On the bright side, no end is in sight for Nvidia's fortunes as a chipmaker for gaming and data centers. However, its planned acquisition of UK chip designer Arm each day becomes an even rockier road. Back to the good news though.
Jansen Huang's company soared $270 million past analysts' expectations to hit third-quarter revenues of $7.1 billion, up a fat 50% from a year ago. It thinks this number will reach $7.4 billion in the fourth quarter. Nvidia has its own metaverse platform, called Omniverse, which Huang calls "one of our largest graphics opportunities yet."
Its Ampere architecture, introduced last year, has now reached all Nvidia's product lines. And its brand new flagship RTX 4090 GPU (which will do battle with AMD's new Radeon RX 7900 XT) may be almost three times faster than its RTX 3090 – though would also require a 1200W power supply, according to early buzz.
2022 not year of the rocket chip
And for the most part, Nvidia seems to be weathering the semiconductor shortage rather well. Partly this is because it's been willing to shell out big-time in advance to its suppliers.
In the last quarter, Nvidia made advance payments of $1.64 billion to suppliers, as part of several new long-term supply agreements. Another $1.79 billion of these payments are lined up for the future.
About that, though, 2022 will prove broadly like 2021, with GPU demand continuing to far exceed supply, believes Huang. In this he joins Intel's CEO Pat Gelsinger, plus IBM, TSMC, and Toshiba, in predicting the semiconductor carnage will last until 2023. Only AMD's CEO Lisa Su permits herself a touch more optimism – and she thinks the chip shortage will continue until later in 2022.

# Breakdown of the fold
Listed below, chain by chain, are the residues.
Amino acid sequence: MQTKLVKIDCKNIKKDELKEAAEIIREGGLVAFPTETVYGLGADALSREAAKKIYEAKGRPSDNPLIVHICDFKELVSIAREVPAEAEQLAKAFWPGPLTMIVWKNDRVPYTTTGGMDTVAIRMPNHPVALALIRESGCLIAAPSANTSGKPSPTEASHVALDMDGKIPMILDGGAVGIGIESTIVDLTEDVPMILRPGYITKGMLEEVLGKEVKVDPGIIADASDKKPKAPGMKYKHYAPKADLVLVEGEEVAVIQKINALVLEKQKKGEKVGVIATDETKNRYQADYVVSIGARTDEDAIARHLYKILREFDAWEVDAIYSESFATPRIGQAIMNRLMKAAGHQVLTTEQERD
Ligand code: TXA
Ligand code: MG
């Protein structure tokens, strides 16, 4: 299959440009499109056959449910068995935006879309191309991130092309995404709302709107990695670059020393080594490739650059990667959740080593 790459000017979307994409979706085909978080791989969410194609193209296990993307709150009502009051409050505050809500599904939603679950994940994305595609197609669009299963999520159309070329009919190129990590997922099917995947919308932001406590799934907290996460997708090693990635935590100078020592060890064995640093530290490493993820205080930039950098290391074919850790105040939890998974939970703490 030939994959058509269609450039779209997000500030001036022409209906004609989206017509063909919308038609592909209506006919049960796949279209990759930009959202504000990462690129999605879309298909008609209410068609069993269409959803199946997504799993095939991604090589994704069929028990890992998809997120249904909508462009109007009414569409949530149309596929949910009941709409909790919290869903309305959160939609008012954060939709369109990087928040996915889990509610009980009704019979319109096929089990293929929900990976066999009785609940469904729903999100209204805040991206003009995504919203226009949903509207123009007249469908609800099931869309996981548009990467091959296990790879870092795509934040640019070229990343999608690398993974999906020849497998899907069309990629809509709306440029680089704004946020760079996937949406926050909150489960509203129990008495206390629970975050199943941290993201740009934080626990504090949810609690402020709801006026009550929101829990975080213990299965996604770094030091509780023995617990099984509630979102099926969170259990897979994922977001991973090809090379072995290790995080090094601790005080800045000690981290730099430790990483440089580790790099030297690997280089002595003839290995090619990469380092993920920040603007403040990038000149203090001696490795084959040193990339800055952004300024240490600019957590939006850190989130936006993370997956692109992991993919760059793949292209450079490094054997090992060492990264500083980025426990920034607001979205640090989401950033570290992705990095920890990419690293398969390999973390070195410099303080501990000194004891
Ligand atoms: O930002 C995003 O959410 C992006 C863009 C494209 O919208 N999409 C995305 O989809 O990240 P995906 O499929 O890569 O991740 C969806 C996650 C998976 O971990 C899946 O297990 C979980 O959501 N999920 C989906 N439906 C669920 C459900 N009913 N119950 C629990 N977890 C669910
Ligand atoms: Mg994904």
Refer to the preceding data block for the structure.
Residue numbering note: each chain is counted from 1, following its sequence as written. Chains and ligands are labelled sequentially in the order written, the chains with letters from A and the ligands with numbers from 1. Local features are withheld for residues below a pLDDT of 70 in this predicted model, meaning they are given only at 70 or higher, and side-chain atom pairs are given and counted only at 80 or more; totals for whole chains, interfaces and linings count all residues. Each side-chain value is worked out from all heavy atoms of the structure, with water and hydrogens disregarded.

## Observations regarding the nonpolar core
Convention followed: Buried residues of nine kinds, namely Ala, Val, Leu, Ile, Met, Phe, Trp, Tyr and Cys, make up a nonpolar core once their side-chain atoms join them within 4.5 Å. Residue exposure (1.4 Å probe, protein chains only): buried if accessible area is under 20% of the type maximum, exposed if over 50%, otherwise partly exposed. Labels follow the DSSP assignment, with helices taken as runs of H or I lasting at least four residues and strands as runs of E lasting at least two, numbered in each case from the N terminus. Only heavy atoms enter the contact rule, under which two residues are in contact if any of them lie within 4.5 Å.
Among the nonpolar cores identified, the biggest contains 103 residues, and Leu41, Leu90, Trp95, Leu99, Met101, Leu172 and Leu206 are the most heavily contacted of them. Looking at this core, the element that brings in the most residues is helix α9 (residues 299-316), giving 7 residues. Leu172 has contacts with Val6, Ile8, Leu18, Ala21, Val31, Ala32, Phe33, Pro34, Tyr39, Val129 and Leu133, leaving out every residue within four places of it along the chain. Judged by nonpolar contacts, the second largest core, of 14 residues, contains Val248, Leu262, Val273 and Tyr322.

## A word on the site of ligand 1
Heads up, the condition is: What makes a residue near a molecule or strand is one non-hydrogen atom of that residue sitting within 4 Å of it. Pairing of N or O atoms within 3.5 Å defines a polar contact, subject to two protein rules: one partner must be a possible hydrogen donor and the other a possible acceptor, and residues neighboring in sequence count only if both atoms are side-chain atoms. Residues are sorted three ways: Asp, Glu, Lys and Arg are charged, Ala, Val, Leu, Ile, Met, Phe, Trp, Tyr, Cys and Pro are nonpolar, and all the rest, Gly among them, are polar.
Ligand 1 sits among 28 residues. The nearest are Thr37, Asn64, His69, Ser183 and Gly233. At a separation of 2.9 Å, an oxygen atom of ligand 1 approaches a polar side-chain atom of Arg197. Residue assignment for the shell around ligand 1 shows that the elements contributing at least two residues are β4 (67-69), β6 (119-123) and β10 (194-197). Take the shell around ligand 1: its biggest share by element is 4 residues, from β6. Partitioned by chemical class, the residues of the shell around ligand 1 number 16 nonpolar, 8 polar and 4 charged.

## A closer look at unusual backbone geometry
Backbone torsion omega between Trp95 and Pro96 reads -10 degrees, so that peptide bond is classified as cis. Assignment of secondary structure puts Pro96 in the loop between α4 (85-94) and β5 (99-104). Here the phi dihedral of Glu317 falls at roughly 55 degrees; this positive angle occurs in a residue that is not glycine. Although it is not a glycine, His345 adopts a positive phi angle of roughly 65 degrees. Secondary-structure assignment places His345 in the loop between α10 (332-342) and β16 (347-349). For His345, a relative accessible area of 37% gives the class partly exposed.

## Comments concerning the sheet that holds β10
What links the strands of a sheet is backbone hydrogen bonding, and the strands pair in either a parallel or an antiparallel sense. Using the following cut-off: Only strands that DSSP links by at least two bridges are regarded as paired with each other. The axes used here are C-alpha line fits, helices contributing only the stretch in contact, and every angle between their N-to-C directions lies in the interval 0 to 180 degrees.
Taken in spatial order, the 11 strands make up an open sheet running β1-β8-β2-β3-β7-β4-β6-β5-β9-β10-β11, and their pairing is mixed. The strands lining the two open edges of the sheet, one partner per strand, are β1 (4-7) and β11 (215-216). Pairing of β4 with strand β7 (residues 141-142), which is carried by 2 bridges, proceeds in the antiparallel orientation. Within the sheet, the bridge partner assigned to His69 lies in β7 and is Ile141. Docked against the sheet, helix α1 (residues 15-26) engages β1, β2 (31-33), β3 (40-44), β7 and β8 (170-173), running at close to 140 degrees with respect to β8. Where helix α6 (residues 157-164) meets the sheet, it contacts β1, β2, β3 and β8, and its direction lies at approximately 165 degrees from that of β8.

Sales of gaming products rose 42% from last year up to $3.2 billion, with data center products sales up 55%, to $2.9 billion. There's a lot more room to grow too, thinks Huang.
"Every single server will be GPU-accelerated someday. Today, that percentage is less than 10%," he says. One sort of chip the market doesn't necessarily seem to be crying out for, though, is specialized GPUs for cryptocurrency mining. Sales of Nvidia's 'shovel' for crypto miners declined 60% in the three months ending in October, to $105 million, from the quarter that ended in August.
Meanwhile, US regulators coughed up their own potential reservations about Nvidia's proposed $40 billion purchase of Arm, and added a third hurdle to high ones the deal already needed to clear in London and Brussels (and maybe even Beijing too).
The Federal Trade Commission "expressed concerns" about the acquisition, the company said in its earnings release. But Nvidia was in discussion about "remedies to address those concerns," it said.
On these remedies, though, other regulators seem somewhat immune to Nvidia's charms.
Nvidia had offered the European Commission and UK's Competition and Markets Authority a pledge not to stop serving any of Arm's current customers, or reduce the products on offer to them.
However, the CMA has warned it takes a dim view of "behavioral" remedies like this.
And UK Digital and Culture Secretary Nadine Dorries ordered a 24-week "phase 2" probe on Tuesday, in which the CMA will further investigate antitrust concerns and national security issues raised by the deal.
Critics have argued the merger could restrict access to Arm's chip designs, and lead to higher prices and less choice in an already stretched semiconductor sector.
In Brussels, the European Commission launched another close investigation into the purchase in October. Arm's IP is "an important input in products competing with those of Nvidia," said executive vice president Margrethe Vestager.
And "our analysis shows that the acquisition of Arm by Nvidia could lead to restricted or degraded access to arm's IP," with "distortive effects in many markets where semiconductors are used," she went on.
Nvidia's deal with SoftBank Group gives it until the end of 2022 to complete the acquisition. If it takes longer than that, SoftBank might start quietly running the rule over an IPO instead.
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